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August 2016

Declaring Values on "Contracts of Carriage" in Ontario

It is often said that a bill of lading is not a contract of carriage, but is merely "excellent evidence" of its terms.1 However, the courts are divided on how far beyond the bill of lading we can go, specifically in terms of declaring the value of a shipment. This unpredictability in the law can mean the difference of hundreds of thousands of dollars for a carrier who has lost or damaged cargo in its possession.

The reason is due to the limitations of liability imposed by Ontario legislation in contracts of cargo by motor carriers. Pursuant to s. 9 of Sch. 1 of Ontario Regulation 643/05,2 the liability of such carriers is limited to $4.41 per kilogram of the transporting cargo. Typically the value to replace those goods, in the event that delivery is not effected in good condition, will be far above that amount (consider gold, while an extreme example, is over $60,000 CAD / kg!) If, however, a value is declared on the face of the contract of carriage, this "declared value" becomes the limit of the carrier’s liability (usually the full amount of the goods).

...the regulation uses the words "contracts of carriage" and not bills of lading...

As the regulation uses the words "contracts of carriage" and not "bills of lading", this door has been left open to argue that the bill of lading may not be the complete contract. It is now common to see a carrier relying on the absence of a declared value in the bill of lading in order to limit their liability to $4.41 per kilogram, whereas the consignor/consignee relies on other external documentation to claim the full value of the consignment.

Justice Bielby of the Superior Court in A&A Trading Ltd. v. DIL’s Trucking Ltd.3 found that an invoice attached to the bill of lading (with the invoice number written on the bill) had effectively been incorporated into the contract of carriage. It was likely significant that there were purported discussions around the value of the goods between the parties, as well as the existence of adequate insurance. In any event, the limitation of liability did not apply, and the consignor recovered the full value of his goods being $263,520.00. If the limitation were to apply, the carrier would have only been liable for approximately $100,000.00.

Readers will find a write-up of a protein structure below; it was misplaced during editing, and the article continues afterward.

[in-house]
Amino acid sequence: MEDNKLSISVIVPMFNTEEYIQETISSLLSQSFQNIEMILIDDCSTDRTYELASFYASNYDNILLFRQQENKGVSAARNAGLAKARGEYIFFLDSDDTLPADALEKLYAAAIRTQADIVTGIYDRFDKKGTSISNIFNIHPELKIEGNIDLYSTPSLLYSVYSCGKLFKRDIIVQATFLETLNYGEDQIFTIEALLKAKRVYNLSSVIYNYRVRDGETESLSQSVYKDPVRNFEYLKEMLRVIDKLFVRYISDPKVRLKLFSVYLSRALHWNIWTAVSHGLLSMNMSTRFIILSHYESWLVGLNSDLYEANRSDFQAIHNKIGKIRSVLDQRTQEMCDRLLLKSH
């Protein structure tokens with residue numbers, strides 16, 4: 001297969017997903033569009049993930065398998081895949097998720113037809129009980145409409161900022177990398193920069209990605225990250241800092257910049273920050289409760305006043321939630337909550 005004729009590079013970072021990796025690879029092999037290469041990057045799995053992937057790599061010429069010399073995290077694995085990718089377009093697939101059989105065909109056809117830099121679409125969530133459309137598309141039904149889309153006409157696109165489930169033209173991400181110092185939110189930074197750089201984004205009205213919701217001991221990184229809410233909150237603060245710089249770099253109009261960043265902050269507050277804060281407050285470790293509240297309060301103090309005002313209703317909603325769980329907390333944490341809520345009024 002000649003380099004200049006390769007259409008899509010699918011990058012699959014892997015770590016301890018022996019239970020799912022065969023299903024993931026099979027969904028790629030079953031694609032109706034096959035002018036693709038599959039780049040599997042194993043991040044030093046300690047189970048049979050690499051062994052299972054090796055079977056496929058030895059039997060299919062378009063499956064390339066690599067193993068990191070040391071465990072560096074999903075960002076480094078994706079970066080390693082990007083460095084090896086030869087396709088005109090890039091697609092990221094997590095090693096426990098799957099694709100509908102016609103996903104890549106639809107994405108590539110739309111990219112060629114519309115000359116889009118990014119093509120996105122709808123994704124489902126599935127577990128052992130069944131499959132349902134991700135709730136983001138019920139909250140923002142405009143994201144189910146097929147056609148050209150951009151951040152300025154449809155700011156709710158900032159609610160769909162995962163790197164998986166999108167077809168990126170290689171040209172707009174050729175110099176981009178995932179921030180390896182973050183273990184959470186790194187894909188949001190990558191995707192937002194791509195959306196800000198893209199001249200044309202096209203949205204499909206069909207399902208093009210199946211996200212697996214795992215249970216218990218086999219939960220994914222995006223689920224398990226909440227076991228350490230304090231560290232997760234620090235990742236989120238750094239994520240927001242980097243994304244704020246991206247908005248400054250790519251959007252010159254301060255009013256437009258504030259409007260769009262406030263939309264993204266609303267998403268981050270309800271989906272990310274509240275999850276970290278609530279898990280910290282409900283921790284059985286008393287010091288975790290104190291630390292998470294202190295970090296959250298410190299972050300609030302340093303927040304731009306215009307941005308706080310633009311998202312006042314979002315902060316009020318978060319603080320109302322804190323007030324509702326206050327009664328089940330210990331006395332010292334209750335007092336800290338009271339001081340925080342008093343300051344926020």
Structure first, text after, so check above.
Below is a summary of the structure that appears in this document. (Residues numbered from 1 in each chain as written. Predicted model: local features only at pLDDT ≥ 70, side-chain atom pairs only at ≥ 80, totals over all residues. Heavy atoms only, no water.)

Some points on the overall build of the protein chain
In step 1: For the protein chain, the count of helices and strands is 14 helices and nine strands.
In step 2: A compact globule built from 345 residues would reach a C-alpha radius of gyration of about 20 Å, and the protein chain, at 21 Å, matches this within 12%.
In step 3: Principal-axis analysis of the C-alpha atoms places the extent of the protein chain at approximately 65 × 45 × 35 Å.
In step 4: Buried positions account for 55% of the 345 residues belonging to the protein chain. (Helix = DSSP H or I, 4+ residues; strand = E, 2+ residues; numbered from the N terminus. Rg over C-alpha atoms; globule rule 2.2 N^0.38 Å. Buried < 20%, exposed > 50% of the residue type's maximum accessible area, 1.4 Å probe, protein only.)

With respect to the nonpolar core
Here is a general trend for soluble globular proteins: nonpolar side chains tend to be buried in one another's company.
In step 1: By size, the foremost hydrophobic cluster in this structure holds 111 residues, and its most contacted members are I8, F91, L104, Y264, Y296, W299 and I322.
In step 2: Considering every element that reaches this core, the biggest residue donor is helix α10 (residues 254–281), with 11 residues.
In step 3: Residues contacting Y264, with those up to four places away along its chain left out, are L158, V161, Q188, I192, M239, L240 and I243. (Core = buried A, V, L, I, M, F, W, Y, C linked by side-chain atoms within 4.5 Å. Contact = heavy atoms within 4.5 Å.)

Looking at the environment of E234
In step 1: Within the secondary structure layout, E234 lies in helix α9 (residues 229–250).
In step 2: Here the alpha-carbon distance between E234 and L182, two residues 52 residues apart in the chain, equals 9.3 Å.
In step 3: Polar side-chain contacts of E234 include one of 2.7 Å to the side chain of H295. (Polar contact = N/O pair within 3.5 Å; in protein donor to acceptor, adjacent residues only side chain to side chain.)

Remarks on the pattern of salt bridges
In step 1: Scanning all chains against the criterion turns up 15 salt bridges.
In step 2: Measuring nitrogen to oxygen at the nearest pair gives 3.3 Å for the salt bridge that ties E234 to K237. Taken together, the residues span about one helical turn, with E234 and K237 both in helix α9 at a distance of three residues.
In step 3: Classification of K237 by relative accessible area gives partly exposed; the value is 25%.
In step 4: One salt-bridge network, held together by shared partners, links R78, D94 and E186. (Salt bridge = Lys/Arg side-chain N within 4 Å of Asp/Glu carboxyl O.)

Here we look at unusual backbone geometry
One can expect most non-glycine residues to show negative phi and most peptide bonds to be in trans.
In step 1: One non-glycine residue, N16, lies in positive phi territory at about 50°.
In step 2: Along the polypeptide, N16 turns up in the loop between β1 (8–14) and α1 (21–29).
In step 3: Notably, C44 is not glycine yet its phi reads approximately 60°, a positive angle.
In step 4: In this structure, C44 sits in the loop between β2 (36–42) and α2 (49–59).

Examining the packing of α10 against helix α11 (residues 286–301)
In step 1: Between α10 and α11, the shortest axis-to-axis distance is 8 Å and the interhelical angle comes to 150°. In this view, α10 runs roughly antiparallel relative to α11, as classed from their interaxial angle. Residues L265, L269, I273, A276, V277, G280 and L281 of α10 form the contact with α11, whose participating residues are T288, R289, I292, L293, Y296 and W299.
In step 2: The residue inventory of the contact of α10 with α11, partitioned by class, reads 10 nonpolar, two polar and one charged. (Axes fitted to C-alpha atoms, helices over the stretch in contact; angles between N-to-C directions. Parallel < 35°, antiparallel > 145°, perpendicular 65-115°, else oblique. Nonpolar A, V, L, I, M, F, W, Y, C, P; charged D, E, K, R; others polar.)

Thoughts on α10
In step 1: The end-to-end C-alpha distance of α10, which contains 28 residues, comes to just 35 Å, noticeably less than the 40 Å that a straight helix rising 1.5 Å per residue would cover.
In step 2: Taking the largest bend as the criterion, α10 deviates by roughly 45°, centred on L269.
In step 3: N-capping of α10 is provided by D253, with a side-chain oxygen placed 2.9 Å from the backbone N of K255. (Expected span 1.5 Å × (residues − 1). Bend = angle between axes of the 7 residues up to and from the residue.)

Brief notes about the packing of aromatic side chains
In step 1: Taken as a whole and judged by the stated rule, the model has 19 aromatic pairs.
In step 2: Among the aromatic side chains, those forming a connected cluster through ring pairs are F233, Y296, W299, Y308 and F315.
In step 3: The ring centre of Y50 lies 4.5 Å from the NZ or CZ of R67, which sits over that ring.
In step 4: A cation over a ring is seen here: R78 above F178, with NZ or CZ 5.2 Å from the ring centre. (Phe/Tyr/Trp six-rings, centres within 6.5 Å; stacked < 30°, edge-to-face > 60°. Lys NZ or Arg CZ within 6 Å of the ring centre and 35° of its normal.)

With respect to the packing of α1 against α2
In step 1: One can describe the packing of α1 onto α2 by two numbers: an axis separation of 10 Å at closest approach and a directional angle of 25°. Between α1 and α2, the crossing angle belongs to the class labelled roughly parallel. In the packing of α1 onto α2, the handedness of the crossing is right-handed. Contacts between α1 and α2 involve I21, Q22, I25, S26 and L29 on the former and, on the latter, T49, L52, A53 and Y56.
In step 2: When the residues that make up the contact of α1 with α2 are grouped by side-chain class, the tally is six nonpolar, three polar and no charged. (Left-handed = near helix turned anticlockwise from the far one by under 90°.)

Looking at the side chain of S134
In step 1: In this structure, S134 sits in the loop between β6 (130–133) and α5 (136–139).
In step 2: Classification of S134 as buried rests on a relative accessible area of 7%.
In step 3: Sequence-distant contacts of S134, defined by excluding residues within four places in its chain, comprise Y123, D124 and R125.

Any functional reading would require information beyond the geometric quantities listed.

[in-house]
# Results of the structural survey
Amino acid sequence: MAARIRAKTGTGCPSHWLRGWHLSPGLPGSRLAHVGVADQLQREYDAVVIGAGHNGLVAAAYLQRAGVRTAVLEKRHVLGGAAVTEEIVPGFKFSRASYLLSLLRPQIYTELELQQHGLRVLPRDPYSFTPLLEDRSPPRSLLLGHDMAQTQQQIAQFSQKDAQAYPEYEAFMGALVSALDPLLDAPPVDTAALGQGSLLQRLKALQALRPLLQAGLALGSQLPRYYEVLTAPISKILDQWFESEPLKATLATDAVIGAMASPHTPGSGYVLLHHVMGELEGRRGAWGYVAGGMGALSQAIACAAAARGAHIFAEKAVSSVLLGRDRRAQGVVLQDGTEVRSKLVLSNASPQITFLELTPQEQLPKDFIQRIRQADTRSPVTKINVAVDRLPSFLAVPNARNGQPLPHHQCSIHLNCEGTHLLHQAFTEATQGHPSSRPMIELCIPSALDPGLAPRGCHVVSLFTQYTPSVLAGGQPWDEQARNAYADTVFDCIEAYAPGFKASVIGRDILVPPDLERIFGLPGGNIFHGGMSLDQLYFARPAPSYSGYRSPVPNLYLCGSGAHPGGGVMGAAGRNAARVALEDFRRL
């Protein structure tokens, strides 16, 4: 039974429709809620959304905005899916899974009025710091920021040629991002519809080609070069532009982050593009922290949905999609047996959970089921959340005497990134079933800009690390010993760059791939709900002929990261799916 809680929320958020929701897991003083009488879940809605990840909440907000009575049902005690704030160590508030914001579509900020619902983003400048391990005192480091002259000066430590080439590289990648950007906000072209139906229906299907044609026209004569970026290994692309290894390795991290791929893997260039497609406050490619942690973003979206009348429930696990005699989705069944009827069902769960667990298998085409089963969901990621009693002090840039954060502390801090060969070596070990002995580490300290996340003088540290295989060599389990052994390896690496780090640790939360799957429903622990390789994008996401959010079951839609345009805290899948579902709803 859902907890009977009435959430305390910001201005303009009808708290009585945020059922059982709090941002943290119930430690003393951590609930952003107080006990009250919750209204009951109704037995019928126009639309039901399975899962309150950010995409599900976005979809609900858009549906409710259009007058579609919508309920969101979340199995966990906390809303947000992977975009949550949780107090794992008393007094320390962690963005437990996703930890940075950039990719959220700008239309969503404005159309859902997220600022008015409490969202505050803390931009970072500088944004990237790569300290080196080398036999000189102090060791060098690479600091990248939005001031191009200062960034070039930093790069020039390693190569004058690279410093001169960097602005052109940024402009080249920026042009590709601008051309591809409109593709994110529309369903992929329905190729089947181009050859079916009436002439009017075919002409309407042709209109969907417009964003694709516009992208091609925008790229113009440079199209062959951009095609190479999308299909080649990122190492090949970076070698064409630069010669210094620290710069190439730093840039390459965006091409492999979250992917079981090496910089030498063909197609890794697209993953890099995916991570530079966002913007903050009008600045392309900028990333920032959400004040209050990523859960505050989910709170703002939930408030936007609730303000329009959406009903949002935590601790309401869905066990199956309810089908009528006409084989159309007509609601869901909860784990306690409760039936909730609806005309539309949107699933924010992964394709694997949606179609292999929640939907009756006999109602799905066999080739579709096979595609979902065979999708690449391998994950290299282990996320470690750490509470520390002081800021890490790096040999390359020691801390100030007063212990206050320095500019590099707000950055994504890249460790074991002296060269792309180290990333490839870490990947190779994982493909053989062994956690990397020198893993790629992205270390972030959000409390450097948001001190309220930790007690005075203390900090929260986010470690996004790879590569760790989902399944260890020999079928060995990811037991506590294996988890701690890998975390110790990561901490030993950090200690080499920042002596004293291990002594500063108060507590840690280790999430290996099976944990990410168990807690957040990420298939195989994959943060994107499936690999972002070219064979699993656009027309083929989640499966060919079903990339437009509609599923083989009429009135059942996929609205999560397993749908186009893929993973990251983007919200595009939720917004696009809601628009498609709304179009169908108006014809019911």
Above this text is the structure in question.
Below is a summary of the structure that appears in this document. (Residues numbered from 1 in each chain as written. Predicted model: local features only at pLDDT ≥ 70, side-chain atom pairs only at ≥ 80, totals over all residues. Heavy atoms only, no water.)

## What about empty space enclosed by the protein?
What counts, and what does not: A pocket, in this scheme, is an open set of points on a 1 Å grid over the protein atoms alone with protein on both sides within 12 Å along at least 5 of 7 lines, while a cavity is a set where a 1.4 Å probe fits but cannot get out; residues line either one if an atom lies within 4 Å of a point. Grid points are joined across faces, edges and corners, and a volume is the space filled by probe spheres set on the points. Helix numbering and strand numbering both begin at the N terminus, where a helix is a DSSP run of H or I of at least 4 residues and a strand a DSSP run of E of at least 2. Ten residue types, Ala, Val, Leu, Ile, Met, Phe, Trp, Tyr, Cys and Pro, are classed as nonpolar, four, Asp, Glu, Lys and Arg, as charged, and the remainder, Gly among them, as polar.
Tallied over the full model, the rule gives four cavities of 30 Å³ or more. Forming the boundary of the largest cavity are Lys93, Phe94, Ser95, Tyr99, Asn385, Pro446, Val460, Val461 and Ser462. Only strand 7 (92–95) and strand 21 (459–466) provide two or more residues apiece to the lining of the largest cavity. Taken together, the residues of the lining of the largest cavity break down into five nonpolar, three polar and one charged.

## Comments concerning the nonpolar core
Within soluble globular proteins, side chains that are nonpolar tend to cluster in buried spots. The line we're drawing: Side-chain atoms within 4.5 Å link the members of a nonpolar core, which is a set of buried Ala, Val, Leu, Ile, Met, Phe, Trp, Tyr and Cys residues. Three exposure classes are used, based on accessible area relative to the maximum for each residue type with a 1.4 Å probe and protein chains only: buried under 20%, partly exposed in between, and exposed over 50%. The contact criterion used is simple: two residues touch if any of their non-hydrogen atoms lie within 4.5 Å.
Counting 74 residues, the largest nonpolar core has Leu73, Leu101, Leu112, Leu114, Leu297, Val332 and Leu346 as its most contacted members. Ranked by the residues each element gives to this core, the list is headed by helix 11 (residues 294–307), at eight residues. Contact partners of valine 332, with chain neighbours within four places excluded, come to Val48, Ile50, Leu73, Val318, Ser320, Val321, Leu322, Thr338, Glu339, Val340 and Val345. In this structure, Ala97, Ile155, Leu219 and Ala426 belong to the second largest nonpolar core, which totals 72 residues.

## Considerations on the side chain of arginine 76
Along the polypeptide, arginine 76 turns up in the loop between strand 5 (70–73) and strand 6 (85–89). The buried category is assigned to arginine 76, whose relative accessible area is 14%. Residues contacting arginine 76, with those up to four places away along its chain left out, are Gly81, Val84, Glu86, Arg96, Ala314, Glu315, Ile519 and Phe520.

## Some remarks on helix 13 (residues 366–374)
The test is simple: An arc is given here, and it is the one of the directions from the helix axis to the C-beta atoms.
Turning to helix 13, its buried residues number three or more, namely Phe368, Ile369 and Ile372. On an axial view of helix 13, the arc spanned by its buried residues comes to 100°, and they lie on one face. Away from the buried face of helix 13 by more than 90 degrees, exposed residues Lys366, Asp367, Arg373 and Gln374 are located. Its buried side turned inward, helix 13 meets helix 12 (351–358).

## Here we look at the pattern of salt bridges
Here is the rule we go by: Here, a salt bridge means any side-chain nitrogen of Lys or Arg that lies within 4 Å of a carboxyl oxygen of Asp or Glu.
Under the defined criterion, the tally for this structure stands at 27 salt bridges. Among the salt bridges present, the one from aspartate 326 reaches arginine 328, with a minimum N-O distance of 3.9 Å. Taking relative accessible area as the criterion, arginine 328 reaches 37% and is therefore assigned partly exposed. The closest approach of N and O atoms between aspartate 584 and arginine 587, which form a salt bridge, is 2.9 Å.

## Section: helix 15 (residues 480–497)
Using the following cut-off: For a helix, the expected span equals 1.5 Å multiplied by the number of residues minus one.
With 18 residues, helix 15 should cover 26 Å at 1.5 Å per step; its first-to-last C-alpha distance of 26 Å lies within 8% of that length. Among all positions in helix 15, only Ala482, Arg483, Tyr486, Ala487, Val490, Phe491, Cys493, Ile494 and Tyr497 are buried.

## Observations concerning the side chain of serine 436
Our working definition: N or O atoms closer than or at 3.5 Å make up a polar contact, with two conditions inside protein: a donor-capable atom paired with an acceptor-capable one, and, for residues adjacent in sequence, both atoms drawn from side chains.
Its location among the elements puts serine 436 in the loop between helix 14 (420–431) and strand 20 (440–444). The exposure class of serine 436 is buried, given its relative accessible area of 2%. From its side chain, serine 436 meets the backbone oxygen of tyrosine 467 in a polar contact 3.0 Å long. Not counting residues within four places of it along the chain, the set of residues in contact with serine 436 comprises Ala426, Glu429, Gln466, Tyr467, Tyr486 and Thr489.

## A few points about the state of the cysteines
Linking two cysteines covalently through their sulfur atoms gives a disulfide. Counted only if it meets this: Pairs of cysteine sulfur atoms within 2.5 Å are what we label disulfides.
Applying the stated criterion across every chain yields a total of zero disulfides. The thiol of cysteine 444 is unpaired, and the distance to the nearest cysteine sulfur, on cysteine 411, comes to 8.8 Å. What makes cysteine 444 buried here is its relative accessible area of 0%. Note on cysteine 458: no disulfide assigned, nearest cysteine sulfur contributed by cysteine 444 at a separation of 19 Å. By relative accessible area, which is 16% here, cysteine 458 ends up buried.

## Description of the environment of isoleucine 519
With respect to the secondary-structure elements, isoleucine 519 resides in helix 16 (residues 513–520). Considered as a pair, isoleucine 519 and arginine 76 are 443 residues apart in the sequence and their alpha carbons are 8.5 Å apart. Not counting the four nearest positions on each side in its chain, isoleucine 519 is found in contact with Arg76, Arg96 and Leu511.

Fast forward a year to the May 2016 decision of the Court of Appeal for Ontario in National Refrigeration v. Celadon.4 The trial judge in this case had found that a copy of a commercial invoice issued by the Mexican shipper to the consignee, and subsequently passed to the carrier, was incorporated into the contract of carriage. In a very different outcome, the Court of Appeal strongly disagreed with the trial judge, unanimously stating that the invoice had "nothing to do with the contract of carriage and providing a copy of the invoice to the carrier was not declaring the value of the goods on the face of the contract of carriage within the meaning of the regulation". As such, the statutory limitation applied. The value by weight was $110,830.00 CAD, whereas the full value of the goods totalled $220,928.98 USD.

Interestingly, many of the Canadian provinces specifically require declarations of value to be made on the bills of lading themselves – the major exception being Ontario. While the Ontario regime allows for the courts to apply their discretion and examine the entirety of the contract, this obviously injects a definite level of uncertainty which I find counterproductive in cargo transactions.

Despite the Court of Appeal’s decision in National Refrigeration, I suspect that trial level courts will continue to expand the definition of the "contract of carriage" falling back on a "case-by-case" analysis to justify the resulting inconsistency. What is certain, though, is that the bill of lading cannot simply be taken at "face" value in these claims.

1 The Ardennes, [1951] 1 K.B. 55 at p. 59 per Lord Goddard C.J.
2 This is a regulation made under the Highway Traffic Act, R.S.O. 1990, c. H.8.
3 2015 ONSC 1887.
4 2016 ONCA 339.


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